WEST YELLOWSTONE - Robin Rinearson knew she wasn't the only Washington-area resident bound Friday for Yellowstone National Park. President Barack Obama's trip was all over the news.
She hoped maybe she could land at tiny Gallatin Field in Belgrade before Air Force One touched down. Her airline was predicting flight delays of only 10 or 15 minutes.
Then her plane stopped in Chicago. Fifteen mostly plainclothed U.S. marshals boarded. The jet stalled on the runway to clear the sky for the first family. At least that's what Rinearson suspects. The airline had a different explanation.
"I knew we were in for a good scam job when they pulled the gas cap routine," Rinearson said.
Allegedly a jet had lost its gas cap on the runway and traffic had to be shut down for several minutes. Who's heard of such a thing? Rinearson said.
In Montana, the flight circled for roughly an hour. When Rinearson landed, Air Force One was on the ground, a throng of roughly 1,000 protesters was gathered to the east of the airport fence and Obama's town hall meeting was under way.
She did beat Obama to Yellowstone Park, however. As CNN Headline News reporters stood shivering before cameras announcing the president's arrival in 60-degree Big Sky, Rinearson admired elk along the Madison River in the park.
At least for one more day, the wildlife remained the park's biggest attraction.
"I'd really like to see Obama, but I'm sure I'm not going to" said Leona Coffin, of Nazareth, Penn., who Friday was checking out elk and hoping against hope to see a bear.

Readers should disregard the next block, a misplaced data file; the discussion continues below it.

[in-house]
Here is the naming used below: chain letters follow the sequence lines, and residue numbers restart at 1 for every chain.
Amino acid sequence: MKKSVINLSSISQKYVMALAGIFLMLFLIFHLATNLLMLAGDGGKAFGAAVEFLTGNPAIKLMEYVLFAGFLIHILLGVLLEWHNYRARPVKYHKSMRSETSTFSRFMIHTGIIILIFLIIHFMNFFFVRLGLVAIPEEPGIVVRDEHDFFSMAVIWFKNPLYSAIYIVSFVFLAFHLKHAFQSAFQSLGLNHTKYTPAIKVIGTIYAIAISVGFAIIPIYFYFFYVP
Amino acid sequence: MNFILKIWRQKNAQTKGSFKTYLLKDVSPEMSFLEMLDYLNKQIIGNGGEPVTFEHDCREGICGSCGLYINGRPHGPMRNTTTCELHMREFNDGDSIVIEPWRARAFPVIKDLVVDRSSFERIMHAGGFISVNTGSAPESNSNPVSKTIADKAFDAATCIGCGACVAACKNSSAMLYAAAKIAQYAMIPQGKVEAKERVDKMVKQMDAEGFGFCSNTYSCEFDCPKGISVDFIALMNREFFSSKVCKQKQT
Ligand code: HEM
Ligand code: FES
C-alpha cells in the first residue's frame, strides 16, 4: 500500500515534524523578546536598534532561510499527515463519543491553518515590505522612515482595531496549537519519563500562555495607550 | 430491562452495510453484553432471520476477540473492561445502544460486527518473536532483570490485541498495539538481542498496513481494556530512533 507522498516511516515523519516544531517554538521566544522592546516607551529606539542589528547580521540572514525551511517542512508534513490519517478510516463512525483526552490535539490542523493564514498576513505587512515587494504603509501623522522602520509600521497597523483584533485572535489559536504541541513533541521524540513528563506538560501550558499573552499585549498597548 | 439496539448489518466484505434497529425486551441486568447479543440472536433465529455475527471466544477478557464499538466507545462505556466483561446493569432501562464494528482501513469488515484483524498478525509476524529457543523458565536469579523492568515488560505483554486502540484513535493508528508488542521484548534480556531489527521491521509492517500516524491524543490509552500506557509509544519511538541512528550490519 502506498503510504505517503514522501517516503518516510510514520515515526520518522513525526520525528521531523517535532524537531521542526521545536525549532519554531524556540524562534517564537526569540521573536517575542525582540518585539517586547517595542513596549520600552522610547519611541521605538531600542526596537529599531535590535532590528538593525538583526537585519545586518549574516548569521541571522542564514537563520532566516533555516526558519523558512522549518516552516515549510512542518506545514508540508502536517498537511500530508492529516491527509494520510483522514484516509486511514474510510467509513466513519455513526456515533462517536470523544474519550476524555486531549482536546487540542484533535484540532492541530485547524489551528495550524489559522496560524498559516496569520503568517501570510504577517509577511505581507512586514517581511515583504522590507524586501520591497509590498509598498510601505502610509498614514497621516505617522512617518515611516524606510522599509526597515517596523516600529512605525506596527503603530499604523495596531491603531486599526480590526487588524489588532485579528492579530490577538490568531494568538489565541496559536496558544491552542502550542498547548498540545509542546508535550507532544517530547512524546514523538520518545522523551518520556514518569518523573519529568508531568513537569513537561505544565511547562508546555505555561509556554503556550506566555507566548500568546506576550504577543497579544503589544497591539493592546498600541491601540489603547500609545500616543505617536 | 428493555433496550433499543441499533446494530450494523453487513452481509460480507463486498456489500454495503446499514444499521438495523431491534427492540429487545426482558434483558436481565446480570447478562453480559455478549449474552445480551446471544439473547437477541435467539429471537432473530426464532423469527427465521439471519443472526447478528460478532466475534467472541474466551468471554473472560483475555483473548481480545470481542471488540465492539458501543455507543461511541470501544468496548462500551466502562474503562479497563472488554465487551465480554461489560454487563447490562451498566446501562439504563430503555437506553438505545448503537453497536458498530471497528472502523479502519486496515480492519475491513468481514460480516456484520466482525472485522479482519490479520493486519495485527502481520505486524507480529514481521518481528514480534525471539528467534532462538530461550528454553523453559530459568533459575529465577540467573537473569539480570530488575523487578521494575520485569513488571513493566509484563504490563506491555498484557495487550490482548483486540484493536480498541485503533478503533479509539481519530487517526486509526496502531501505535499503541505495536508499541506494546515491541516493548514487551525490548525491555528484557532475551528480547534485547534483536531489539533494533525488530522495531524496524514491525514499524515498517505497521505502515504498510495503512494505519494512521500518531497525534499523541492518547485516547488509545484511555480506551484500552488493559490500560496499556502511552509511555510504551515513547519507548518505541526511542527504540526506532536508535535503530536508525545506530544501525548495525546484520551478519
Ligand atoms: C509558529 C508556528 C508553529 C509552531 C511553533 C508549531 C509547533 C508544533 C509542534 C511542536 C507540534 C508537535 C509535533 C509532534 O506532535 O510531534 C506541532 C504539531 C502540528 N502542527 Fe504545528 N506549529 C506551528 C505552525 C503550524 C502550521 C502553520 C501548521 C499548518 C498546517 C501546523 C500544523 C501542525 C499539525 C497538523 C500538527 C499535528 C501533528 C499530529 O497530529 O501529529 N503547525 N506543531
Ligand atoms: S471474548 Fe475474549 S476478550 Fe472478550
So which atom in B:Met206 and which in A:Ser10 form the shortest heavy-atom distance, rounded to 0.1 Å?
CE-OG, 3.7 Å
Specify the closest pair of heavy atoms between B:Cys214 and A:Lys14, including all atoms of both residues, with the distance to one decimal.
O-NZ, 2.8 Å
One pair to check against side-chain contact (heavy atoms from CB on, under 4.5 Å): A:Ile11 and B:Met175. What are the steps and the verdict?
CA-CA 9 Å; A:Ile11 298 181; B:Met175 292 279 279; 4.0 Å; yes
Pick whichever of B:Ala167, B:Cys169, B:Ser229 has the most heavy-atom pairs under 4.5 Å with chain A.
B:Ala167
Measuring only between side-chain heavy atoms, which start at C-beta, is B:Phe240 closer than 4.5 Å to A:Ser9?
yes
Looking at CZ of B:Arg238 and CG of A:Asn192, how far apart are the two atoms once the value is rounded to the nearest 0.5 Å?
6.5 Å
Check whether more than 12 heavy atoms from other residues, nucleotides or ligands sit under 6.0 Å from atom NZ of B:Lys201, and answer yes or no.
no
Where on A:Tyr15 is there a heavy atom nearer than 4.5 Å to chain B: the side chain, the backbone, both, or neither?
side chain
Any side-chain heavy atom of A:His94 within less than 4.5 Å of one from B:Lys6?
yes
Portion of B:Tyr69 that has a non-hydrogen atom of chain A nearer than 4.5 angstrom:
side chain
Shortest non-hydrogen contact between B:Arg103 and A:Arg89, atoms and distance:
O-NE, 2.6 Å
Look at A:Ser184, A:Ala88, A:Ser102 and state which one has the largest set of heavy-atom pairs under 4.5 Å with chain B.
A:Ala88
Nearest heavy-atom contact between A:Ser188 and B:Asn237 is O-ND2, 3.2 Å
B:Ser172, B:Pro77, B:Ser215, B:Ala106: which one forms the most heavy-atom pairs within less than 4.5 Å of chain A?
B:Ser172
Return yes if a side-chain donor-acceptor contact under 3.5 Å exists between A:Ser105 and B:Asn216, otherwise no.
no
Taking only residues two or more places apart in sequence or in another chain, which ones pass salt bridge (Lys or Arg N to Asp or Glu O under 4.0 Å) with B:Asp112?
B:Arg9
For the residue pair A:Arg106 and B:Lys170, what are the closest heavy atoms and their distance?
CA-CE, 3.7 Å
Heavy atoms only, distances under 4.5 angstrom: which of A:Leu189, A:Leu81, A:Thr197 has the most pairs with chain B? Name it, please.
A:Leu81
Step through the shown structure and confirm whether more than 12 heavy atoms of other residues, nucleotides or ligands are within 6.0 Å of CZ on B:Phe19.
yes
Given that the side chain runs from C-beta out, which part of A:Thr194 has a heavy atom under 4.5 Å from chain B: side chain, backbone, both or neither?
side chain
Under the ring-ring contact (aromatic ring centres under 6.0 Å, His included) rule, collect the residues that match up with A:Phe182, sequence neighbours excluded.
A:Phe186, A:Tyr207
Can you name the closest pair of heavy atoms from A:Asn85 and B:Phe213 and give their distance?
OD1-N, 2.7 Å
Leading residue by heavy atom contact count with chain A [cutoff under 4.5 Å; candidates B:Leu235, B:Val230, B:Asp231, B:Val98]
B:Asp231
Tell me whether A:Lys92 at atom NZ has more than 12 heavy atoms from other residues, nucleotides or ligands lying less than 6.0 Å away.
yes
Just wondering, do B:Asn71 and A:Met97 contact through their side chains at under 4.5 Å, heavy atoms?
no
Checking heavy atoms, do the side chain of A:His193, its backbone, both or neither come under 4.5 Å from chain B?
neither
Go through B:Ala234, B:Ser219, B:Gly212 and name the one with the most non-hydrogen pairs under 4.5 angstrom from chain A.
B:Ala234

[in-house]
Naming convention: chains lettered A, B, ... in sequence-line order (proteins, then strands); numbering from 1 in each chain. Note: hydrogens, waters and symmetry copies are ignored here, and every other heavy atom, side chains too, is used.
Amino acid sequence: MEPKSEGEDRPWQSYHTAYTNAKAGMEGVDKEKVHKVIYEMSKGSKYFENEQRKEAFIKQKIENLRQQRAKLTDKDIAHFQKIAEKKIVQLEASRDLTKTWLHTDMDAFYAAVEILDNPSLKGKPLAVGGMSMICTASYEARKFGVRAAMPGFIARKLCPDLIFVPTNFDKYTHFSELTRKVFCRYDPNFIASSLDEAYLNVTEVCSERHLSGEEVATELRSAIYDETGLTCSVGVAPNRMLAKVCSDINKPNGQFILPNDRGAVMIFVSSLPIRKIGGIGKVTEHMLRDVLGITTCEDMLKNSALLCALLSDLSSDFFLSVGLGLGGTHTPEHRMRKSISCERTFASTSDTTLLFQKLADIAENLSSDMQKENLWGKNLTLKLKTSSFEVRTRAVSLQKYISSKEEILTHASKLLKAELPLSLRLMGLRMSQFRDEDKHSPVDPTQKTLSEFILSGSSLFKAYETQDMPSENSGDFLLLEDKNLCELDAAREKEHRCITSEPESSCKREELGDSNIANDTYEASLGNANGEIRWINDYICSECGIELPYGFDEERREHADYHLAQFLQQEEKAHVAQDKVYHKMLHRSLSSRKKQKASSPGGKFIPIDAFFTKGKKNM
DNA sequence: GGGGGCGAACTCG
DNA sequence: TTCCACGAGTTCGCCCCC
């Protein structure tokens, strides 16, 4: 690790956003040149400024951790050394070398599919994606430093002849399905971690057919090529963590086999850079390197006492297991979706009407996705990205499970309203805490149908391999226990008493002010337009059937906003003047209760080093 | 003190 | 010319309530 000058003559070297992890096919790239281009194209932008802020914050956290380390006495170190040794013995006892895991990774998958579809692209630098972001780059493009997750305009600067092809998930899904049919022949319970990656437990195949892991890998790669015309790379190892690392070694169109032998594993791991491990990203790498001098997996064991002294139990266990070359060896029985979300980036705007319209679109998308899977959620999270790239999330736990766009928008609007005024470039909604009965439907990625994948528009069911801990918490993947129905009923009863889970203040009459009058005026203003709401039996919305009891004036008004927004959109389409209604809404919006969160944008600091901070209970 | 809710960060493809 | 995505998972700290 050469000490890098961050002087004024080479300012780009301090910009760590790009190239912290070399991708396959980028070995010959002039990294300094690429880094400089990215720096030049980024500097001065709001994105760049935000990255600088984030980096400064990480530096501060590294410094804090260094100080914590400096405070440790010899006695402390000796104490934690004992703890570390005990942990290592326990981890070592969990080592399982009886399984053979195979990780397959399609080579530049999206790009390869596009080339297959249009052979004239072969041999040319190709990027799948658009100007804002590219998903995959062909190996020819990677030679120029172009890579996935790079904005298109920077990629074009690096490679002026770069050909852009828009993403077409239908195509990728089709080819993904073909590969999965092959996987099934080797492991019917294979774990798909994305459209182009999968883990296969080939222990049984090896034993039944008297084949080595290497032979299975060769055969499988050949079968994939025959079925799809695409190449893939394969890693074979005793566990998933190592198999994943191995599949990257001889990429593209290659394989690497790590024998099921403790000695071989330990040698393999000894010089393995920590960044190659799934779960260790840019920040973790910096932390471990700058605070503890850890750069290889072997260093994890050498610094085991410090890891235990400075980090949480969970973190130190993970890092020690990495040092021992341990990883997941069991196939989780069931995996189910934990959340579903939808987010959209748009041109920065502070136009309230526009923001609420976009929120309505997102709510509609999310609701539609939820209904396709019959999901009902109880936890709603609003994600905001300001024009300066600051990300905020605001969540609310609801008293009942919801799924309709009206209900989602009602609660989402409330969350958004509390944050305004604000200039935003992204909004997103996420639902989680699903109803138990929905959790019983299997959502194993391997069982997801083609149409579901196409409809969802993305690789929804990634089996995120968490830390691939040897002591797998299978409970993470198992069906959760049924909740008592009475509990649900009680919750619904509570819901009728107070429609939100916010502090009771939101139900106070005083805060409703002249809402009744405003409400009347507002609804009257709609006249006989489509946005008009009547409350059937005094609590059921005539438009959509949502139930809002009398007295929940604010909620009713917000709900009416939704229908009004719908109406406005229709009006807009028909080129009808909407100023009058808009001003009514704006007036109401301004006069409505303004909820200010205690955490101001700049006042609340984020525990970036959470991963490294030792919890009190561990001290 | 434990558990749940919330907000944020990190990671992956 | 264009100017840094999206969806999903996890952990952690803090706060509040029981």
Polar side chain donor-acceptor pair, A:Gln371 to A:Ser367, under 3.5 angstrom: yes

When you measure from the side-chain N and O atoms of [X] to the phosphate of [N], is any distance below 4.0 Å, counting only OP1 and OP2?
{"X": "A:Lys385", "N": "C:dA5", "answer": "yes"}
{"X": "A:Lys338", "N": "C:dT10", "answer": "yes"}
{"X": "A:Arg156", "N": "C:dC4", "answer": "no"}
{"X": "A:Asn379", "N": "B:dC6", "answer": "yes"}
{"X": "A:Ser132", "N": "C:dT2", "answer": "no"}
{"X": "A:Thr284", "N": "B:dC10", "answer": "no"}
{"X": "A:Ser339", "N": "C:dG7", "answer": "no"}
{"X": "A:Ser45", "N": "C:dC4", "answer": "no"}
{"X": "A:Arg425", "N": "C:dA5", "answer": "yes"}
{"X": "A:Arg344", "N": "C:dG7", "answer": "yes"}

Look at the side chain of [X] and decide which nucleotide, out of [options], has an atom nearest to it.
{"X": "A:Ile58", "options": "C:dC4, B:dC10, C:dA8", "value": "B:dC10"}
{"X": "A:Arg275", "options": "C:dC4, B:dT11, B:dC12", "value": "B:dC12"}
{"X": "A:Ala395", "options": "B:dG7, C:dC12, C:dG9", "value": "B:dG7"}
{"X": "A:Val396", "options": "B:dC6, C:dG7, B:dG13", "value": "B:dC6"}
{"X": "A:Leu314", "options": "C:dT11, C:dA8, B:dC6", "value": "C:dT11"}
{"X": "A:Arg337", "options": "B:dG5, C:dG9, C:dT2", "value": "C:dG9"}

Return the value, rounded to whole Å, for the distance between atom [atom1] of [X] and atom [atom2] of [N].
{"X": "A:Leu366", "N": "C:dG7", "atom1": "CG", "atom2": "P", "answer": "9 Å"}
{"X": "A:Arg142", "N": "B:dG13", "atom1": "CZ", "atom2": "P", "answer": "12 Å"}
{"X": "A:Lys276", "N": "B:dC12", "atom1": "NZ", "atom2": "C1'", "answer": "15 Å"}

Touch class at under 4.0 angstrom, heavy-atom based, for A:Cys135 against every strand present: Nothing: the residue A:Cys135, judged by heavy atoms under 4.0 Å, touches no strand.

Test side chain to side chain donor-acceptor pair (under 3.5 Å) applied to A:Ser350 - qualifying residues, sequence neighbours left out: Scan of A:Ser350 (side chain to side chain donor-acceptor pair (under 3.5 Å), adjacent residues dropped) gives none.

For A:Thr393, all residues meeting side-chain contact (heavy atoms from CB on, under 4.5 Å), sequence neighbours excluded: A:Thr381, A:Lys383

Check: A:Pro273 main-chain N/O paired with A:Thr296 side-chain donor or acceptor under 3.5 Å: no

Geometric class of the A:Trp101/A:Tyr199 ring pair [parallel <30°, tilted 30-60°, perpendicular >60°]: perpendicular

Coffin and her husband have been vacationing across the West by car for two weeks. They didn't know the Obamas were going to be in the nation's first national park until a clerk at their West Yellowstone hotel told them.
She said she's concerned about the government's efforts to reform health care. She sees problems with America's health care system as it is now, but what if the cure is worse than the ailment?
In West Yellowstone, there was a buzz about the first family's visit, officially scheduled for this morning. Marysue Costello, executive director of the West Yellowstone Chamber of Commerce, said locals were excited about the Obama's departing on Air Force One from low-profile Yellowstone Airport. It's a small airport tucked away in the forest that mostly goes unnoticed, but it does have an 8,000-foot runway. The strip was a hotbed of activity during the 1988 Yellowstone Park fires when giant C-130 cargo planes raced up and down the runway.
Costello said the town didn't expect a visit from the president, but she did expect Montana's Democratic Sens. Jon Tester or Max Baucus to invite the Obamas back for a winter visit to the park.
The town has been in a sometimes heated debate with the federal government to keep the park open for winter tourism in general and snowmobile traffic in particular.